On Trials

Researchers at Keystone provided a comprehensive roundup of ongoing AIDS vaccine trials and related activities

By Kristen Jill Kresge

Researchers at Keystone provided a comprehensive roundup of ongoing AIDS vaccine trials and related activities. Barney Graham of the Vaccine Research Center (VRC) at the US National Institutes of Health (NIH) kicked off this series of updates with a look at the many ongoing trials with the VRC's lead vaccine candidate—a DNA plasmid vaccine containing clade B gagpol, and nef and env genes from clades A, B, and C, followed by an adenovirus serotype 5 (Ad5) vector vaccine boost carrying the same genes excluding nef. This DNA/Ad5 candidate entered Phase II testing late last year and is now in clinical trials in several countries in partnership with the HIV Vaccine Trials Network (HVTN), IAVI, and the Walter Reed Army Institute of Research (WRAIR).

IAVI and WRAIR are evaluating this prime/boost regimen in four east African countries. Two sites working with IAVI in Kigali, Rwanda and Nairobi, Kenya are now preparing to increase the number of volunteers participating in this trial, after target enrollment was quickly met (see Vaccine Briefs). WRAIR and partners recently began recruitment at its sites in Uganda and Kenya, and enrollment will begin in May at another in Tanzania, according to an update provided by Nelson Michael of WRAIR. He also reported on a trial they are conducting in Uganda involving 31 volunteers that received the VRC's DNA candidate in a previous trial and will now be boosted with Ad5 in this subsequent trial.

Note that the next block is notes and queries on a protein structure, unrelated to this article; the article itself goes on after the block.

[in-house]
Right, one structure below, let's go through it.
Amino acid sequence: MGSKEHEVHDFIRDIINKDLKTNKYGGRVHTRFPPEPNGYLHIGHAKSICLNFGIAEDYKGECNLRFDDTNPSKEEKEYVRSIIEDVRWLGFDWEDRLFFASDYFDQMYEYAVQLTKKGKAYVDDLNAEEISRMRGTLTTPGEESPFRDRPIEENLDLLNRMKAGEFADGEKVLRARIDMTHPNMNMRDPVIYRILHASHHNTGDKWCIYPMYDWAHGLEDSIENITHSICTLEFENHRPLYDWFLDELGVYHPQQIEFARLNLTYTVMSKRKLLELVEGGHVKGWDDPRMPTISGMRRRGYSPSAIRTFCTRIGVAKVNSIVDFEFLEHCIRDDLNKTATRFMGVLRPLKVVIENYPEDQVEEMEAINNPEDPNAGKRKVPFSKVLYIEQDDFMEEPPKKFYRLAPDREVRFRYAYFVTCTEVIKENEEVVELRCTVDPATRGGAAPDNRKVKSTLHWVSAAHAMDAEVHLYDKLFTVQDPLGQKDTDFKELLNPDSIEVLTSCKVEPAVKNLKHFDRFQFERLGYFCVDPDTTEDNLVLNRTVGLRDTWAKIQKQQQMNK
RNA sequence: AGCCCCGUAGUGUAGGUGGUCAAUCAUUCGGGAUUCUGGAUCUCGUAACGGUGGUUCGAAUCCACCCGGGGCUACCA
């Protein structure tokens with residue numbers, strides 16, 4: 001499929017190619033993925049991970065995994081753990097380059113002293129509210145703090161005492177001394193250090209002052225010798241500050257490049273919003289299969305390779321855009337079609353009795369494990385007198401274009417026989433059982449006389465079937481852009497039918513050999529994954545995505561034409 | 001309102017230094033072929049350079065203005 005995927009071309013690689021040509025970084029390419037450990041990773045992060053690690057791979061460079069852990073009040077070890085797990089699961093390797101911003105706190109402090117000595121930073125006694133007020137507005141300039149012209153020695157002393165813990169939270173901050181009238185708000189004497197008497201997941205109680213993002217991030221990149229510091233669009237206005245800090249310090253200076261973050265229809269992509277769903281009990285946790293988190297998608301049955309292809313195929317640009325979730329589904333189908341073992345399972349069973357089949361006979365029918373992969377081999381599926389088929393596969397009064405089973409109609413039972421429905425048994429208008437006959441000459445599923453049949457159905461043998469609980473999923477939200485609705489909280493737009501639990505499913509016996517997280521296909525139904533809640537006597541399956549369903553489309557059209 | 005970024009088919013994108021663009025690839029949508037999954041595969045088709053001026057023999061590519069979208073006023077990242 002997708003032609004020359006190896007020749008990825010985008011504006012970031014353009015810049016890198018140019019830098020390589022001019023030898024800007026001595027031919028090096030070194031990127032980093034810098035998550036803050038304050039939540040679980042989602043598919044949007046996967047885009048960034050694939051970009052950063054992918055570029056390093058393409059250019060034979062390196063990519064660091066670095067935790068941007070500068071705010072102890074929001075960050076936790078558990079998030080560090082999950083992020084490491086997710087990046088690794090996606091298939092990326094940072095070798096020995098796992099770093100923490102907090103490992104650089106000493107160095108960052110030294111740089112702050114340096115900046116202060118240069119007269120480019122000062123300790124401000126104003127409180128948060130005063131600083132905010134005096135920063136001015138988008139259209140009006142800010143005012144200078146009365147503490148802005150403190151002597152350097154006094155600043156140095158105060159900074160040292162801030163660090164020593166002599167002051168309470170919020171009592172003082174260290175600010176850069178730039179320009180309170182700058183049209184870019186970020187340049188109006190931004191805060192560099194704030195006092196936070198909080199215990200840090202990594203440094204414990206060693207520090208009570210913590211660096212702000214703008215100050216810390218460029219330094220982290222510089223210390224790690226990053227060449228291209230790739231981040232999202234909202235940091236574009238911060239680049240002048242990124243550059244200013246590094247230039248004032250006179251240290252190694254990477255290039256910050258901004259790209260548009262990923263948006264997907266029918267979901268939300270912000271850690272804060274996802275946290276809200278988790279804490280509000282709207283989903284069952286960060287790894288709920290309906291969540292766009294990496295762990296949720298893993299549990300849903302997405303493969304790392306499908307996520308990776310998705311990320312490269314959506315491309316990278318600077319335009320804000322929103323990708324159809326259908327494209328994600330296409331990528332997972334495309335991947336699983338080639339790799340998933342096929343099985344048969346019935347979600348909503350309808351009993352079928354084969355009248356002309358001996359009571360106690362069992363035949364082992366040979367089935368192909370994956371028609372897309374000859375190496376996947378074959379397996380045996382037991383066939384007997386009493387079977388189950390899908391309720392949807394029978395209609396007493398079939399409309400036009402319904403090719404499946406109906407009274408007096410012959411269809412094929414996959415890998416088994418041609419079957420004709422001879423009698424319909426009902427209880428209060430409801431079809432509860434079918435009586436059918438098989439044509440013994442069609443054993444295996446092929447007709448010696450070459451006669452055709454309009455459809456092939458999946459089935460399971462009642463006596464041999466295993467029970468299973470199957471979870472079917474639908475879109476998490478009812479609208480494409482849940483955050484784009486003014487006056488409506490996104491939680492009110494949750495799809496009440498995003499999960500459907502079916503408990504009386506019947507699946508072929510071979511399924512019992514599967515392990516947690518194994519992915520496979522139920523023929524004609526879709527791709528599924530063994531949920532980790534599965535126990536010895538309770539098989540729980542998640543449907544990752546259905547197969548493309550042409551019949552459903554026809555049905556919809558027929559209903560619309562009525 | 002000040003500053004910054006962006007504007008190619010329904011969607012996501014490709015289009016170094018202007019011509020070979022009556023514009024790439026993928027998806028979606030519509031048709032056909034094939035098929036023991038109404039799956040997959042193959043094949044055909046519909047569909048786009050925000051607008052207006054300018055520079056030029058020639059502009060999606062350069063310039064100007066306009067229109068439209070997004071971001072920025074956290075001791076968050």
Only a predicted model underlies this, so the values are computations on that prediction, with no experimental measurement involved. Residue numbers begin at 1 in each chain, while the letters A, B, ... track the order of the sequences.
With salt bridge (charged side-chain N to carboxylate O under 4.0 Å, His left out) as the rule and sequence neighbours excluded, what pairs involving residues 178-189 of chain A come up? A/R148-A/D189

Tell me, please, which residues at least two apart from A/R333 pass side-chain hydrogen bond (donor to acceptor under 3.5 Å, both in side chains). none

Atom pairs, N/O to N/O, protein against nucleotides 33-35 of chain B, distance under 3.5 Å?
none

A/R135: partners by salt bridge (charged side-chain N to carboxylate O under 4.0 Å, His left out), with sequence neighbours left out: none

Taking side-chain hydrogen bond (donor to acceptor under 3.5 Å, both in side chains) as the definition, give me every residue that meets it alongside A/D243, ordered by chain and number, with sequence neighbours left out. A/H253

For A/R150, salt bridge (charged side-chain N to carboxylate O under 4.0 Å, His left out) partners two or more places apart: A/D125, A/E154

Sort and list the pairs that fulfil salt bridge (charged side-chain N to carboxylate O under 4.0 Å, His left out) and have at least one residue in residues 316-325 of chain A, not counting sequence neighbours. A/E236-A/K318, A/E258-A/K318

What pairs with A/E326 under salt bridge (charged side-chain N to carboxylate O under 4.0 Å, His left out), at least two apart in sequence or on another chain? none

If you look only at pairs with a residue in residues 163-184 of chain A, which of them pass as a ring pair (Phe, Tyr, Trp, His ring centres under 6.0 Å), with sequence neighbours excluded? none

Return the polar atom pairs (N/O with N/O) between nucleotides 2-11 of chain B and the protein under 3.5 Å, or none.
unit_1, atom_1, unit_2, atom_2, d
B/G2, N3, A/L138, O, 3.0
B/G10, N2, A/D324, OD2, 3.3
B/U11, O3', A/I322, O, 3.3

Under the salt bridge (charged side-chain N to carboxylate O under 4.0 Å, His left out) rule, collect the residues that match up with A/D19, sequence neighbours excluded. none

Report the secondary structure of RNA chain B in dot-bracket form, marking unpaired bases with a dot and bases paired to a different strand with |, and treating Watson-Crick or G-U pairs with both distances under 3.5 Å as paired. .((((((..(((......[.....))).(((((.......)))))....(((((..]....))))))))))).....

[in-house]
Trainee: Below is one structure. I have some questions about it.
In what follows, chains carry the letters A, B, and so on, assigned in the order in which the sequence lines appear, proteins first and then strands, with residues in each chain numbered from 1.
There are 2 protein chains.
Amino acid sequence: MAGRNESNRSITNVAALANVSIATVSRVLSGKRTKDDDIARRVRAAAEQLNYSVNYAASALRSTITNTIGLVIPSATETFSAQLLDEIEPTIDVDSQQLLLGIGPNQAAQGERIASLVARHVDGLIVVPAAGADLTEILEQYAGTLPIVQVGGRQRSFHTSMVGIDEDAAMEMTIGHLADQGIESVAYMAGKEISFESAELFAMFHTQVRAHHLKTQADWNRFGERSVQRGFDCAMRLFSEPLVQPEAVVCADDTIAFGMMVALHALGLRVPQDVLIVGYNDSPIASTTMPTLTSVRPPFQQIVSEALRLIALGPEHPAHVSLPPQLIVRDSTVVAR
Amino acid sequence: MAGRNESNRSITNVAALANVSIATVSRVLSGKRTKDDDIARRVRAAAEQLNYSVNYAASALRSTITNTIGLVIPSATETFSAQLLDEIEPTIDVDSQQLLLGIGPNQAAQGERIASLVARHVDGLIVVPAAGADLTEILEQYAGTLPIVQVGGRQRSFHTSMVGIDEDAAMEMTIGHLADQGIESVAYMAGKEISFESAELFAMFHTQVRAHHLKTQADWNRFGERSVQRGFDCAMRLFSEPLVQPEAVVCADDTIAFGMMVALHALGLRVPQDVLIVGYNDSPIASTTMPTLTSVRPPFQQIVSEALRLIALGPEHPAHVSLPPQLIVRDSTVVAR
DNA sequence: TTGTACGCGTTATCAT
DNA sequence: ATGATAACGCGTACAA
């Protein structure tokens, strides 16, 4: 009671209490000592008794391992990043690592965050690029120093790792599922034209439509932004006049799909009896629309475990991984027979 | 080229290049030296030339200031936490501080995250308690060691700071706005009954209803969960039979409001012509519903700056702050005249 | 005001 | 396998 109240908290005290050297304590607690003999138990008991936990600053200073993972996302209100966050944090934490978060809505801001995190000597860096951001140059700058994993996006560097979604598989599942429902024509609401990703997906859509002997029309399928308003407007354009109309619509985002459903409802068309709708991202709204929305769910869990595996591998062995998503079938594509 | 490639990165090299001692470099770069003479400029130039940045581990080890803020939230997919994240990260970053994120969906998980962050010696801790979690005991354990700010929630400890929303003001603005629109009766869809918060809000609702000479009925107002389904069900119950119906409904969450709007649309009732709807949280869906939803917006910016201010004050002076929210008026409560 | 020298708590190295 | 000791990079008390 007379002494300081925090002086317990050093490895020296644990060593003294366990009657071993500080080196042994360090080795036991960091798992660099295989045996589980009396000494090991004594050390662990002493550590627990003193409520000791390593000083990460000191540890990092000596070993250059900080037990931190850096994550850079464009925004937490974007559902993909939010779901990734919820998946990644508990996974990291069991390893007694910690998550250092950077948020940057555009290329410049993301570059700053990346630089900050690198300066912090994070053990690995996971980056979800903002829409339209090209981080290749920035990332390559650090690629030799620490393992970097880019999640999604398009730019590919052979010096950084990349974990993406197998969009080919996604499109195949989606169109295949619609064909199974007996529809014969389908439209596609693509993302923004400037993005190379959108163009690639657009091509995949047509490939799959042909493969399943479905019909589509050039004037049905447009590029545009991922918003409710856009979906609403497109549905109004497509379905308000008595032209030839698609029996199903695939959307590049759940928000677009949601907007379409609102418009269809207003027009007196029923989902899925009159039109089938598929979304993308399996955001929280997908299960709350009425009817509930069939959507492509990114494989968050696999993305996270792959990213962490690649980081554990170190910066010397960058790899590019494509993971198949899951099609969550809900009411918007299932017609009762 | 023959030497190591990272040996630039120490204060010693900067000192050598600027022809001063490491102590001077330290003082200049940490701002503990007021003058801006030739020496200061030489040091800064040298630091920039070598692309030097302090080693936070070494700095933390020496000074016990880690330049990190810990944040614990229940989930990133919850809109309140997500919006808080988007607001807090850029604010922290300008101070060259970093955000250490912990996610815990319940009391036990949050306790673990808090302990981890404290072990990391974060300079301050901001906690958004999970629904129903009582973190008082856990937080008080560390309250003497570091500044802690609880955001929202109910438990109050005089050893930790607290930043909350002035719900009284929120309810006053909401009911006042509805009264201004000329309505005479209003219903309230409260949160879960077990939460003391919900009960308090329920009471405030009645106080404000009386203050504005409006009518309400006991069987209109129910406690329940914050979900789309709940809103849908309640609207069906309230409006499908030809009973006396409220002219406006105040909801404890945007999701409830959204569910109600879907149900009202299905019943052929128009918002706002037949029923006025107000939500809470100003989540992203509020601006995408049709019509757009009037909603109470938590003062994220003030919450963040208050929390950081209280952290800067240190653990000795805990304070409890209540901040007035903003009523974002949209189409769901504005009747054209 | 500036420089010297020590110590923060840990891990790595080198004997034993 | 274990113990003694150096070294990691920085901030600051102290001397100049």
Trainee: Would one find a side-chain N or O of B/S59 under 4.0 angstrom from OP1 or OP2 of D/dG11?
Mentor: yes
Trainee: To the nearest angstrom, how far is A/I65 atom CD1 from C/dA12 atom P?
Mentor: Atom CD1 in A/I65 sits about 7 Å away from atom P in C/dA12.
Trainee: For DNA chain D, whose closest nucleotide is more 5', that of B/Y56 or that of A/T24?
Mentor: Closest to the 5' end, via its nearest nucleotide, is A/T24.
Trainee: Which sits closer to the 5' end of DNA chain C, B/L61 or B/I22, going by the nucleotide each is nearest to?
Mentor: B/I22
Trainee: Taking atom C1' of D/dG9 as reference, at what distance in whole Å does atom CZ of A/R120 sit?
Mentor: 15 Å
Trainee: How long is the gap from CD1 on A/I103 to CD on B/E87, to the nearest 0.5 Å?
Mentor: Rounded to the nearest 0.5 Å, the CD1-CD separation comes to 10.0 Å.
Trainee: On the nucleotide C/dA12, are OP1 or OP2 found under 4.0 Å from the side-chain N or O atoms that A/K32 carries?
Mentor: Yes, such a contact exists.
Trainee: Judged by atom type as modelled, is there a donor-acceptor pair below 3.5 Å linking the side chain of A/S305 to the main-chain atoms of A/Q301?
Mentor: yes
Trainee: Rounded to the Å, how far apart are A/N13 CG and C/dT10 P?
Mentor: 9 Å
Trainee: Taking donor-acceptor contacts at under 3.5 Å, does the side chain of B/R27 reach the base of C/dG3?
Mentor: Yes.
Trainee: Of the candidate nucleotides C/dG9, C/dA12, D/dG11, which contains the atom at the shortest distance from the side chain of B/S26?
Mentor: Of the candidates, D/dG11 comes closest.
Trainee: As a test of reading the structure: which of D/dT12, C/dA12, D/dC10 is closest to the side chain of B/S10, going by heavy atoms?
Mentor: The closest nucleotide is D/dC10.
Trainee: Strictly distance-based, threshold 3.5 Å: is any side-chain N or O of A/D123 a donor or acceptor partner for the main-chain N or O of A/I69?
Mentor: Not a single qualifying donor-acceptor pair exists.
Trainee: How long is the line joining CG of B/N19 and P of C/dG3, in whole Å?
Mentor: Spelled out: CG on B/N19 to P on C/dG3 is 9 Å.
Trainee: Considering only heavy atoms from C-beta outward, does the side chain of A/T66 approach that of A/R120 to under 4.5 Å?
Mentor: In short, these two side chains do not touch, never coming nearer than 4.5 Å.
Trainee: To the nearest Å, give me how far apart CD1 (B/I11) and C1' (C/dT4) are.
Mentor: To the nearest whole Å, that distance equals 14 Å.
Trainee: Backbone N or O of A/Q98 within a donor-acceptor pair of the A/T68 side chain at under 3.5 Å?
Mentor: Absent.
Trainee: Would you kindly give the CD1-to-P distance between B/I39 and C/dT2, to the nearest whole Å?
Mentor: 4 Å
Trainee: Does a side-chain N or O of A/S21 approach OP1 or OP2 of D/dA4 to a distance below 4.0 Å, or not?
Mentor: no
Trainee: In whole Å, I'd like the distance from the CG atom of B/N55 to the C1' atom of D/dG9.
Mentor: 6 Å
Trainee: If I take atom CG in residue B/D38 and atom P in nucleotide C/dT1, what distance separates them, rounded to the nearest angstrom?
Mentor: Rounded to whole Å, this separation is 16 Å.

In Phase I trials, Graham reported that the response after the DNA prime vaccination strongly correlates with peak CD4+ and CD8+ T cells responses after the Ad5 boost. The antibody responses, measured by ELISA, were dramatically increased following the Ad5 vaccination.

But Graham faced some tough questioning from Bruce Walker on the decision to include env genes in this vaccine, which primarily induces cellular immune responses. In his work with elite controllers, individuals that are HIV infected but control the virus below detectable levels, Walker found that responses to Gag and not Env correlated with slow disease progression. And since Env is so variable, he predicted that its presence in the vaccine may distract the immune system by drawing responses to a moving target. This point was quickly countered by Richard Koup, also of the VRC, who was in the audience. Koup emphasized that debate over gene inserts is merely an indicator of advances in the AIDS vaccine field. "We should be happy we have responses at all," he said.